Perhaps you’ve heard the claim that talking on the phone while driving is as risky as driving drunk. Indeed, a driving simulator study found “profound” impairments in both cellphone chatters and in people with a blood alcohol level of 0.08.
But here’s the surprising thing: It doesn’t seem to make a difference whether drivers are using hand-held phones or hands-free systems. What matters is simply that they are talking with someone outside the car.
Everyone understands the risk of taking your eyes off the road or your hands off the steering wheel, says David Teater, senior director of transportation strategic initiatives for the National Safety Council. But most people don’t appreciate the demands of driving on the parts of your brain involved in attention, planning and language, Teater says. Talking on the phone uses some of the same brain space that driving does. So if you’re trying to do both, at least one of them is going to suffer.
It’s a problem of dual tasks, says David Strayer, a cognitive scientist at the University of Utah. Some dual tasks are no problem, such as walking and chewing gum at the same time. Others are trickier, such as patting your head and rubbing your belly.
A recent study demonstrates that driving while conversing falls squarely in that tricky category. Researchers measured reaction times in young adult drivers exposed to a variety of traffic situations in a driving simulator. Talking on a hand-held cellphone slowed drivers’ reactions to seeing a pedestrian enter a crosswalk by 40 percent compared with no conversation. The effect was identical for drivers who talked on a hands-free phone.
How do other distractions compare? Here’s the research on some common car activities (besides driving):
Is talking on the phone more distracting than listening to an audiobook?
A small 2008 study showed that when people listened to an audiobook (in this case, “Dracula”), their performance was the same as when they drove without distraction. But when they carried on a phone conversation with one of the researchers (about hobbies and weekend activities), their performance worsened.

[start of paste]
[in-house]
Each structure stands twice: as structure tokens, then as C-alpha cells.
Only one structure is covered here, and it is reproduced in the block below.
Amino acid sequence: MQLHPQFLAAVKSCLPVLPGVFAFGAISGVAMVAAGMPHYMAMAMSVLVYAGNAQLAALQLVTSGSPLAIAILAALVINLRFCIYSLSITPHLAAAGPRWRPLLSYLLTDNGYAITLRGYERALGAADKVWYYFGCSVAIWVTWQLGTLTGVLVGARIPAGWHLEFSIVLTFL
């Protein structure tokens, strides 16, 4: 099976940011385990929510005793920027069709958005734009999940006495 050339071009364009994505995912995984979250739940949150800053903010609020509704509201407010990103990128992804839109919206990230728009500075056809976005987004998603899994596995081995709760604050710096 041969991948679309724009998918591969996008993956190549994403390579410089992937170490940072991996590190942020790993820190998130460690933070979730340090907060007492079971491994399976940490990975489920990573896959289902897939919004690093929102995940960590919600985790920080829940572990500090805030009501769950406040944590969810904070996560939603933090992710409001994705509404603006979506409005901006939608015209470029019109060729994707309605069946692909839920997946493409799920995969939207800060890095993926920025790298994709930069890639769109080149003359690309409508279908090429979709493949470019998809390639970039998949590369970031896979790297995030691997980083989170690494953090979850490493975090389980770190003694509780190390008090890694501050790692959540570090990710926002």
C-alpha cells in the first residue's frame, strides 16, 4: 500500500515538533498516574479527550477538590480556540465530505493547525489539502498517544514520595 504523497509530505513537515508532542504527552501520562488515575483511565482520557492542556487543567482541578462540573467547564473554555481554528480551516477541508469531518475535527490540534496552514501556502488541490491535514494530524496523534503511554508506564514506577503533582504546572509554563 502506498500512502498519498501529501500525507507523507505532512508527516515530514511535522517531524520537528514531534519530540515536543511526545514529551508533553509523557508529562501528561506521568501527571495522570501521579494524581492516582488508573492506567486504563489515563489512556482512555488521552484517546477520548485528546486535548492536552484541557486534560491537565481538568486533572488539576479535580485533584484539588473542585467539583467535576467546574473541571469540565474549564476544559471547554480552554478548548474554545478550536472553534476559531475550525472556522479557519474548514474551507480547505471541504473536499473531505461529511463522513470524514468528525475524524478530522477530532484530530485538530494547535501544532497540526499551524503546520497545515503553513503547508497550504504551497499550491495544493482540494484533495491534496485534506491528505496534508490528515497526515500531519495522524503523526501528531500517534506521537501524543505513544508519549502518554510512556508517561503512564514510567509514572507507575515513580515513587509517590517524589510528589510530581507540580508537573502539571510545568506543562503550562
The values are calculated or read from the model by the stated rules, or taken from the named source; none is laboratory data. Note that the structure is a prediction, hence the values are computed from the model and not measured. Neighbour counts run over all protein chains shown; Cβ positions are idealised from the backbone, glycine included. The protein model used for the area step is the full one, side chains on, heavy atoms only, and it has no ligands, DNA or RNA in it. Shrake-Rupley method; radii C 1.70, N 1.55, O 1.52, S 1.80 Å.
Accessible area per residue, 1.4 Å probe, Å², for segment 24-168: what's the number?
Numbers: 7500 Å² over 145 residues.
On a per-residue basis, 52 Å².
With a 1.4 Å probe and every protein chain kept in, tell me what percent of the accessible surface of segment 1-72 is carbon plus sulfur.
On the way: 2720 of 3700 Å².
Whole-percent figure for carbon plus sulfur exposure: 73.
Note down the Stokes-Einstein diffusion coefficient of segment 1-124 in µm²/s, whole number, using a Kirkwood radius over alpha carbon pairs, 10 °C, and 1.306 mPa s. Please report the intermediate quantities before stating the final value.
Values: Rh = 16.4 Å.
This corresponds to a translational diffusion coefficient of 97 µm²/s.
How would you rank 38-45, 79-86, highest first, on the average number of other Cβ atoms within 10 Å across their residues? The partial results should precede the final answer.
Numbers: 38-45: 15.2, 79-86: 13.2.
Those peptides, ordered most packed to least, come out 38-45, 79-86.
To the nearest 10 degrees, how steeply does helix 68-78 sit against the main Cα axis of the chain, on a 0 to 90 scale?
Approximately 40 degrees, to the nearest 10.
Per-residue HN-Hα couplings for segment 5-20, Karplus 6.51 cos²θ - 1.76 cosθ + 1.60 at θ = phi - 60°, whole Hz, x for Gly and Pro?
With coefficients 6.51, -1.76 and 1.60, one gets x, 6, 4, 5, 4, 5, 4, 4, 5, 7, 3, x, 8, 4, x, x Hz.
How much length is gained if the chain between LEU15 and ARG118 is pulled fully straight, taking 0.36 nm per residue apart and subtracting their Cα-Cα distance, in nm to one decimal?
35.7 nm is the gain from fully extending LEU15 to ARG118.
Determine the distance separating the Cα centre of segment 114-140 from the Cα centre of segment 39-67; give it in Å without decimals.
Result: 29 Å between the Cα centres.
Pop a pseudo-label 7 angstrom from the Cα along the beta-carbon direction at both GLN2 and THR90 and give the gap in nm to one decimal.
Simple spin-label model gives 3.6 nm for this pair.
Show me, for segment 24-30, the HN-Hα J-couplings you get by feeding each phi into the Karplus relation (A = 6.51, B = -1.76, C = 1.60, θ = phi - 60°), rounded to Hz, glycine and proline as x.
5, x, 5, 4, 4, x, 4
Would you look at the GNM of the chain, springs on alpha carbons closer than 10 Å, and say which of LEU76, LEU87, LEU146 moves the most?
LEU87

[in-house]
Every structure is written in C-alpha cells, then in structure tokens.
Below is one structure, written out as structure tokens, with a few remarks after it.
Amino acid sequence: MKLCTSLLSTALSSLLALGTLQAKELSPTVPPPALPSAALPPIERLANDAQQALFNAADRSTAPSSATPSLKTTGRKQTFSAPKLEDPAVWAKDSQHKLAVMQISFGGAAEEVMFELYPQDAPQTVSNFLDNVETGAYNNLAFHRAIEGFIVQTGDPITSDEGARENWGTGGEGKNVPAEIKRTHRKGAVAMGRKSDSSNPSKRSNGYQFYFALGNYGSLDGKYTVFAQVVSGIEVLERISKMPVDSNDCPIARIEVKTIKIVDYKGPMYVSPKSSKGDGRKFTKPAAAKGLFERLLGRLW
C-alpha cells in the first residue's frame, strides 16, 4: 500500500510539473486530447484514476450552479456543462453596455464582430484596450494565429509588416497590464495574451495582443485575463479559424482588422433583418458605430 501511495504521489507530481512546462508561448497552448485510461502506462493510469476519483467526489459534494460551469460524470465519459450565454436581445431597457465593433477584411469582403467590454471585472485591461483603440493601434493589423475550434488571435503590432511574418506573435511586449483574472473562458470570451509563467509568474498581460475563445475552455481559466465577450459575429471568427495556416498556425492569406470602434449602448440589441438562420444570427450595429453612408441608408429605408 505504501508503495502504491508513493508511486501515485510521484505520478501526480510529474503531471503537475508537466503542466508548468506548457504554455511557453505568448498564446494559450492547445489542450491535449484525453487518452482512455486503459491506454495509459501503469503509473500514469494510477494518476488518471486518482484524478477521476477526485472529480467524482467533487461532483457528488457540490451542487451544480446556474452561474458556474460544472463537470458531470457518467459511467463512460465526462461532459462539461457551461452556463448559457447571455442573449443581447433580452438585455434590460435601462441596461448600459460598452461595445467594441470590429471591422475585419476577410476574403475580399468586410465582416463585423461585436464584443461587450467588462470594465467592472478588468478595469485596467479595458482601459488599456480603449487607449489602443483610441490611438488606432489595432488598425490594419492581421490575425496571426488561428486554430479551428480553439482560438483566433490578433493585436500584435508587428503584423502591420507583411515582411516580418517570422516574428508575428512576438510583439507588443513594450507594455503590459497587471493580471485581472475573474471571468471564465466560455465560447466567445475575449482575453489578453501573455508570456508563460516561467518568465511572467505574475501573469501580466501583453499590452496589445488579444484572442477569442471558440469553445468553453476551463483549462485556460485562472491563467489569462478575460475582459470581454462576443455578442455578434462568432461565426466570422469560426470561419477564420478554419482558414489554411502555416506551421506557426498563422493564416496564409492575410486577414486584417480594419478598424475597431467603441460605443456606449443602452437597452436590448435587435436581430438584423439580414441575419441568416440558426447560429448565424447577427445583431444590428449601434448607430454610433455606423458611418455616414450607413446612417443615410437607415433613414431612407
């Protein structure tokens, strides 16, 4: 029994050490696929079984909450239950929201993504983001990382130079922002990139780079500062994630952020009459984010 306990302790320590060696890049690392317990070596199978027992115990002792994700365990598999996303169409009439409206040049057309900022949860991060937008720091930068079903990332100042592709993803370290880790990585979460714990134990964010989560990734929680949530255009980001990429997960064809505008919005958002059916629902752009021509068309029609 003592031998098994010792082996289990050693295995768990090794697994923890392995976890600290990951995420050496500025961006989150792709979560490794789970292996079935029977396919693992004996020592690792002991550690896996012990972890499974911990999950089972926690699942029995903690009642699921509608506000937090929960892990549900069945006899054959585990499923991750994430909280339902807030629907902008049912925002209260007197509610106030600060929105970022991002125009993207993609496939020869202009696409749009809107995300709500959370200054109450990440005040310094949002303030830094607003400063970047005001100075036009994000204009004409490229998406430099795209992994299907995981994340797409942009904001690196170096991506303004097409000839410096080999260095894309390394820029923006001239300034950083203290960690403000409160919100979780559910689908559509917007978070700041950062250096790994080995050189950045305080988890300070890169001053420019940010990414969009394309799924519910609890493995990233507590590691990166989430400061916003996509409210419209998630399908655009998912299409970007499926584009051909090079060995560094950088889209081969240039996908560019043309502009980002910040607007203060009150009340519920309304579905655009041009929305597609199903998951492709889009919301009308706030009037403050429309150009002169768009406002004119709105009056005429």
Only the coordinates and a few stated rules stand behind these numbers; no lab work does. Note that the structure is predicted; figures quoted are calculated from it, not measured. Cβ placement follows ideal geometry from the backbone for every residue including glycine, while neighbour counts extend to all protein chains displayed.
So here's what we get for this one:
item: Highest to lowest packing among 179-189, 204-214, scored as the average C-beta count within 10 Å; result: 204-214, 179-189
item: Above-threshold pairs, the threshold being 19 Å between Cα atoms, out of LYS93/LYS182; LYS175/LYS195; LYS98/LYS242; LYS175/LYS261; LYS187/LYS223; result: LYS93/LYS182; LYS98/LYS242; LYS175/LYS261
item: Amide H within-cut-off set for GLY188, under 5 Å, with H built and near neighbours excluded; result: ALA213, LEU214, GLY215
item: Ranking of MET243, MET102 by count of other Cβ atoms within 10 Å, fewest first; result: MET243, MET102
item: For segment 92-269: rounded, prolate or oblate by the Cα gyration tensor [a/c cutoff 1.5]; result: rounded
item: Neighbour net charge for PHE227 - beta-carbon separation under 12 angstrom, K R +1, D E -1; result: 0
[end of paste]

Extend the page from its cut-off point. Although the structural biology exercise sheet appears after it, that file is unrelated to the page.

How distracting is radio?
Strayer partnered with the American Automobile Association to try to measure the relative strength of various cognitive distractions on driving. Study subjects were tested in a driving simulator or a real car while listening to the radio or a book on tape. On a scale of 1 (no distraction) to 5, radio measured 1.2 and the audiobook measured 1.75. The distraction that rated a 5 was to have drivers try to solve math problems and remember a series of words.
Is talking on the phone more distracting than talking to a passenger?
The cognitive workload for the driver is the same, according to Strayer. In his test, conversing with a passenger rated a 2.3 on the 1-to-5 scale; talking on a hand-held phone, a 2.4; and a hands-free phone, a 2.3. However, having another person in the car generally results in safer driving, because there’s often an extra set of eyes on the road. Also, passengers tend to stop talking when the demands of driving increase, Strayer says. “So passenger and cell conversations have different crash risks because the passenger helps out.”
Note: Teen passengers don’t have the same helpful effect with teen drivers.
Are there apps for that?
There are apps that when enabled — or when you’re traveling over, say, 10 mph — automatically answer calls (and texts) and apps that will read your text messages or e-mails aloud to you. One recent study found that listening to (but not answering) a ringing phone while driving was a distraction.
Despite the data, there’s no indication that people are giving up their phone conversations. There are probably plenty of reasons for that, but it’s hard to tackle a lack of self-awareness — or worse, hubris. “People notice others driving erratically and talking on their phones, but they don’t notice themselves making similar driver errors,” Strayer says.
In the past, people would brag about being good drivers even when drunk, Teater says. The same thing is happening now with cellphones. Teater’s work was spurred by the death of his 12-year-old son in a cellphone-related car accident. “You never think it will happen to you — until it does,” he says.